For the Nets to turn it around after their slow start, they might need to experiment with Simmons at center.
The Nets lost again Wednesday night, this time at the hands of the Bucks. Brooklyn is now 1–3 to start the season, and with the caveat that it’s still quite early, the Nets are … bad. Brooklyn is second-to-last in the NBA in net rating, and its defense is currently second worst in the league. The starting lineup of Kyrie Irving, Kevin Durant, Royce O’Neale, Ben Simmons and Nic Claxton has been a disaster, having been outscored by 35 points in 49 minutes. And Steve Nash, who was ejected after an uncharacteristic tirade Wednesday, has to be feeling his seat getting warm after an underwhelming start to the season.
Brooklyn’s problems are myriad, and there’s no quick fix to turning the ship around. And yet, I’m here to humbly offer one suggestion: What about giving Simmons more minutes at center?
It’s en vogue in the NBA to fix problems by going small. It’s my go-to solution for everything. “More shooting!” many of us clamor from the sidelines, as if that’s all it takes. And with Simmons in particular, for years people have been desperate to see him play more off the ball, screening, diving and cutting off of the superstar talent he plays with. Yet allowing that “going small” is not the magical cure-all, there’s an argument to be made Brooklyn isn’t doing Simmons any favors with his current role.
For example, the two-man lineup of Simmons and Claxton has a minus-18.7 net rating. Meanwhile, the two-man lineup of Simmons and backup big Day’Ron Sharpe has a minus-38.6 net rating. It’s not hard to see why these pairings fail. The Nets’ spacing is tighter than a pair of jeans on Thanksgiving when Simmons shares the floor with another non-shooter, creating obstacles even too difficult for halfcourt maestros Durant and Irving to overcome. A significant part of the issue is Simmons himself, who has appeared lethargic and/or slow to react at times, not quite playing with the pace and decisiveness required for an off-the-ball role. (Draymond Green—an oft-cited Simmons comp—may never shoot, but at least he has a plan when he catches the ball.)
Still, it’s surprising to see Nash play Simmons with another non-shooter as often as he does. Simmons has played 117 minutes so far this season, 102 of which have come next to either Claxton or Sharpe. That means he’s played only 15 as the lone non-shooter/big/center, and he probably deserves a longer look in that scenario.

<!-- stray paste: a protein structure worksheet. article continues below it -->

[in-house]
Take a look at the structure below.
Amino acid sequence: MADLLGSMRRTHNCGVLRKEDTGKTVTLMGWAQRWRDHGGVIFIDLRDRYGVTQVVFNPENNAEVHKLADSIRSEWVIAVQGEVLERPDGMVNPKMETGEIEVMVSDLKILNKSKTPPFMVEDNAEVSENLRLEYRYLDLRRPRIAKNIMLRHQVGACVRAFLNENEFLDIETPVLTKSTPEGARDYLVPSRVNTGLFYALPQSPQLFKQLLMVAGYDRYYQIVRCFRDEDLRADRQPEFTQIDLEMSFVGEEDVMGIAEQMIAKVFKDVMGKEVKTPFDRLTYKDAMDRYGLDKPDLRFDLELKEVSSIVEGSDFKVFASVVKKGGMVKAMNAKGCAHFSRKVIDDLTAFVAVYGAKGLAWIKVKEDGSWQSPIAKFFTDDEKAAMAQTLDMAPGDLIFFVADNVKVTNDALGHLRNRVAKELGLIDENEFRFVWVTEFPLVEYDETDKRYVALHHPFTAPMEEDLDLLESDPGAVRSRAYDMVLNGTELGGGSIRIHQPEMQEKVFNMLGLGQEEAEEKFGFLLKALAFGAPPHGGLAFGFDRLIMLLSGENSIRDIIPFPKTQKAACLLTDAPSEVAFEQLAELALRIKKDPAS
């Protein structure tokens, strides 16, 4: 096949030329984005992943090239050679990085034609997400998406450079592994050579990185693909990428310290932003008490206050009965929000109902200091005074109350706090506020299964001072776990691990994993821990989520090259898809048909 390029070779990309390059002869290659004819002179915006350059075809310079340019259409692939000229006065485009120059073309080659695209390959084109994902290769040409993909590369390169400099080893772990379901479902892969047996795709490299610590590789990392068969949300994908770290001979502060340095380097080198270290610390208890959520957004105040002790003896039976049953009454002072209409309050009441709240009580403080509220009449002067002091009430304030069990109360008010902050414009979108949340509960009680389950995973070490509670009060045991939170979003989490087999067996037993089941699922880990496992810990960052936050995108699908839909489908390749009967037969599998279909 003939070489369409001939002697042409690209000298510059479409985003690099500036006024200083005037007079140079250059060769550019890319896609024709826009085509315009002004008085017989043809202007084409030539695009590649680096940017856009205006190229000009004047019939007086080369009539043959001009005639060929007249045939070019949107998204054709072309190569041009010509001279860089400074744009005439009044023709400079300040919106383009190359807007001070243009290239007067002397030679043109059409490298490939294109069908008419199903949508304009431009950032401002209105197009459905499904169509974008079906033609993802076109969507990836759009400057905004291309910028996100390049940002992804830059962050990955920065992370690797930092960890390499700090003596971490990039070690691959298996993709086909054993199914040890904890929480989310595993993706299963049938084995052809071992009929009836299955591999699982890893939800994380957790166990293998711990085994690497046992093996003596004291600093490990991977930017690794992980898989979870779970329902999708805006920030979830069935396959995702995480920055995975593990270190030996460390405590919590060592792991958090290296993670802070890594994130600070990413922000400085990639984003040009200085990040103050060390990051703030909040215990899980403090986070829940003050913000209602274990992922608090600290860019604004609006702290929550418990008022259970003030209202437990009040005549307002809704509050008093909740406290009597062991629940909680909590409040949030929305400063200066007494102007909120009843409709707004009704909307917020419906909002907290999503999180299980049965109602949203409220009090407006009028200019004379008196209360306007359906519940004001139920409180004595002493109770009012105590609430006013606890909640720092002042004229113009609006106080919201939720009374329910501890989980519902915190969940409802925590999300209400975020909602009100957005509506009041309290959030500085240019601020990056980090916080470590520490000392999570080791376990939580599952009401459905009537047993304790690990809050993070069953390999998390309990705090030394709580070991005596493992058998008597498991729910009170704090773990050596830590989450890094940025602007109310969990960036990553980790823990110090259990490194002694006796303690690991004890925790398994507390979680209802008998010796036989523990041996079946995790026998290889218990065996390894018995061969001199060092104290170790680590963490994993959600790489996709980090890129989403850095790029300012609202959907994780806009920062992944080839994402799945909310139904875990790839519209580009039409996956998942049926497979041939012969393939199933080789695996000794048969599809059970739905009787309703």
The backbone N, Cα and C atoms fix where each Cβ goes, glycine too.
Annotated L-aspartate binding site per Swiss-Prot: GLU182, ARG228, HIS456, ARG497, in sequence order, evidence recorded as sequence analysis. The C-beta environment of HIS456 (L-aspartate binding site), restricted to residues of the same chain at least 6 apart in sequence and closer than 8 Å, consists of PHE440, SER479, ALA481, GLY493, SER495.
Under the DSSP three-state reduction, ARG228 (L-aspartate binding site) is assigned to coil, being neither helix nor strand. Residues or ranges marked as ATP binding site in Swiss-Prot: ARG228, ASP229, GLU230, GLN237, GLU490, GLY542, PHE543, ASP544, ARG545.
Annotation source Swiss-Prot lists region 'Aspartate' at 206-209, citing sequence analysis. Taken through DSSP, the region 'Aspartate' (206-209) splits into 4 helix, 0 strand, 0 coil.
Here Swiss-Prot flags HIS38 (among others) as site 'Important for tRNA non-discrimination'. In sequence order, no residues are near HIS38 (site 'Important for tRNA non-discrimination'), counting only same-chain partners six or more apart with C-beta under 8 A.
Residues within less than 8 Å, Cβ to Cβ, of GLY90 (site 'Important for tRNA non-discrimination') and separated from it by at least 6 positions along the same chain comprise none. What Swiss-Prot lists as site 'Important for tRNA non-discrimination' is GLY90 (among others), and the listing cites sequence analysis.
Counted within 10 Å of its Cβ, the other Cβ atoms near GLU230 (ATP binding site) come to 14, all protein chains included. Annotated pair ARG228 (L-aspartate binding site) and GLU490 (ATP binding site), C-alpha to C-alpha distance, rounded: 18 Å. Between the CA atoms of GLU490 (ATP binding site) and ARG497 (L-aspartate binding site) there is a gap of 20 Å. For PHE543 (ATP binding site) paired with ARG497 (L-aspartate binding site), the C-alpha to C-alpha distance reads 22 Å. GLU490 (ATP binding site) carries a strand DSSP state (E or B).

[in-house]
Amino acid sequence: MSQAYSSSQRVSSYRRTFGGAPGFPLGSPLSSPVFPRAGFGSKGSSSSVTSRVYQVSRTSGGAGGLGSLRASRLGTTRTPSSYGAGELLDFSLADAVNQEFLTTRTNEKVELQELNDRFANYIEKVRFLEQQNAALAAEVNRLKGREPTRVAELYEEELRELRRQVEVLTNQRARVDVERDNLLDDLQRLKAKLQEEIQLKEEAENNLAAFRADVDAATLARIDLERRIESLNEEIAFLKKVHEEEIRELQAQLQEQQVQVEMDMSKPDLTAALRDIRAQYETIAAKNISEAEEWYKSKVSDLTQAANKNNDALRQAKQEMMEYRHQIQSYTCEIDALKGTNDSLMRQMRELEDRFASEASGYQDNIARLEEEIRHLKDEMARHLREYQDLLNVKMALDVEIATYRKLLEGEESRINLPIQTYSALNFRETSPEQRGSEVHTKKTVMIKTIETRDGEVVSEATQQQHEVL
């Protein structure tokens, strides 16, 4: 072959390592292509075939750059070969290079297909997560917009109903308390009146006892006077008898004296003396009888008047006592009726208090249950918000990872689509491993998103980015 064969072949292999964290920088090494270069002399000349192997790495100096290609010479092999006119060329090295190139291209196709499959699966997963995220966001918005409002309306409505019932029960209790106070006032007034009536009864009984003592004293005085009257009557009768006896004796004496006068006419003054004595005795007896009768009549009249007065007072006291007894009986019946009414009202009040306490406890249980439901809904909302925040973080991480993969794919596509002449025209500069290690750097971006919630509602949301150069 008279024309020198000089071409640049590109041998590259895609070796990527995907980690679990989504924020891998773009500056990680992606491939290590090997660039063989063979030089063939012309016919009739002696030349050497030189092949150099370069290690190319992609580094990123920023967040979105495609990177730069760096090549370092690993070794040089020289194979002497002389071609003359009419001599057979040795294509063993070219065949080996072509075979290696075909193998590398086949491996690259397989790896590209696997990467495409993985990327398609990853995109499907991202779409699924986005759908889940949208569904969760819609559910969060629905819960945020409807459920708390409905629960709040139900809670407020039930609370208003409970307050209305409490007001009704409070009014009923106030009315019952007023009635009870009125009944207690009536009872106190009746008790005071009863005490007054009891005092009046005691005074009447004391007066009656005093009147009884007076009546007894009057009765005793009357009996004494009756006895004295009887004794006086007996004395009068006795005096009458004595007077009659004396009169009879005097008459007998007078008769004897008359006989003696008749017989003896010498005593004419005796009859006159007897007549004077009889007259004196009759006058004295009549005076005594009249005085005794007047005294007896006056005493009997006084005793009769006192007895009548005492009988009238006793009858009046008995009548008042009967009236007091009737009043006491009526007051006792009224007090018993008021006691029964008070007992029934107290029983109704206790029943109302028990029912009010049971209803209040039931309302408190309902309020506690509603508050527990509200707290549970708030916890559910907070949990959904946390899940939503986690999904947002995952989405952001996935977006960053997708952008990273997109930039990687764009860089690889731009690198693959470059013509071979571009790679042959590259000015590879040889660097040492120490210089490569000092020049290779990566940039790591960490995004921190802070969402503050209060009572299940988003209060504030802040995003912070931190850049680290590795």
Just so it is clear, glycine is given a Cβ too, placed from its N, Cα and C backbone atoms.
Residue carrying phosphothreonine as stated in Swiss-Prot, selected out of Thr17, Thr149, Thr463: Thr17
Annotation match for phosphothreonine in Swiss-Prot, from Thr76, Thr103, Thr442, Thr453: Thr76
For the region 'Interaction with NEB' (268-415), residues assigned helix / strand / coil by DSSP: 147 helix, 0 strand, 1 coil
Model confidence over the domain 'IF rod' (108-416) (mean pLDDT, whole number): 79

The Nets actually went small for a significant portion of Wednesday’s game. The results were mixed, but arguably promising. To end the first half, a lineup of Simmons, Durant, Irving, O’Neale and Yuta Watanabe outscored the Bucks by eight points in under five minutes. To close the game, with Joe Harris in place of Watanabe, Brooklyn was outscored by five points in just over five minutes. Those are obviously small samples. The Nets’ process in those minutes felt good, though. It was easier for Durant and Irving to hunt mismatches. And while letting them dance one-on-one so much may not be the best long-term plan, as long as Nash wants to do it, playing smaller lineups at least engineers more space. Overall, Simmons was a plus-two on Wednesday, the only starter with a positive plus/minus.
There is a defensive concern with those groups. On most nights, however, when the Nets aren’t playing guys like Giannis Antetokounmpo or Joel Embiid, they should have enough size between O’Neale, Durant and Simmons to match up against opposing frontcourts. Having a healthy Harris would also help. He’s played in the last few games, and his production theoretically should improve as he works his way back to 100% after dealing with issues in his left foot since last season.
Simply put, the Nets have to try something. The current combos aren’t working. And Simmons, coming back from both back surgery and mental health struggles, isn’t playing freely enough. On paper, going small could force Brooklyn to play with some more pace, which in turn could put Simmons in open space, where in the past he typically made good decisions. (For what it’s worth, Nash and his coaching staff have surely thought of this themselves. I doubt they read SI for coaching advice. Which means Simmons has to take accountability here as well, whether it’s about his willingness to commit to that smallball five role, or what he’s shown in practice.)
Ultimately, no matter what the situation is, it’s going to be a work in progress, as Irving confirmed after the Bucks loss.
“You guys keep coming in here, asking me, like, ‘What about Ben?’ He hasn’t played in two years,” Irving said postgame. “Give him a f—ing chance. We stay on his s—. You just stay on him. But we’re here to give him positive affirmations.”
It’s true that Simmons needs a chance. He was too talented and too effective for too long for me to believe he can’t contribute at all anymore. He also needs help. And while letting Simmons cook at center isn’t a panacea for all that ails the Nets, it’s an option that probably deserves a longer look.
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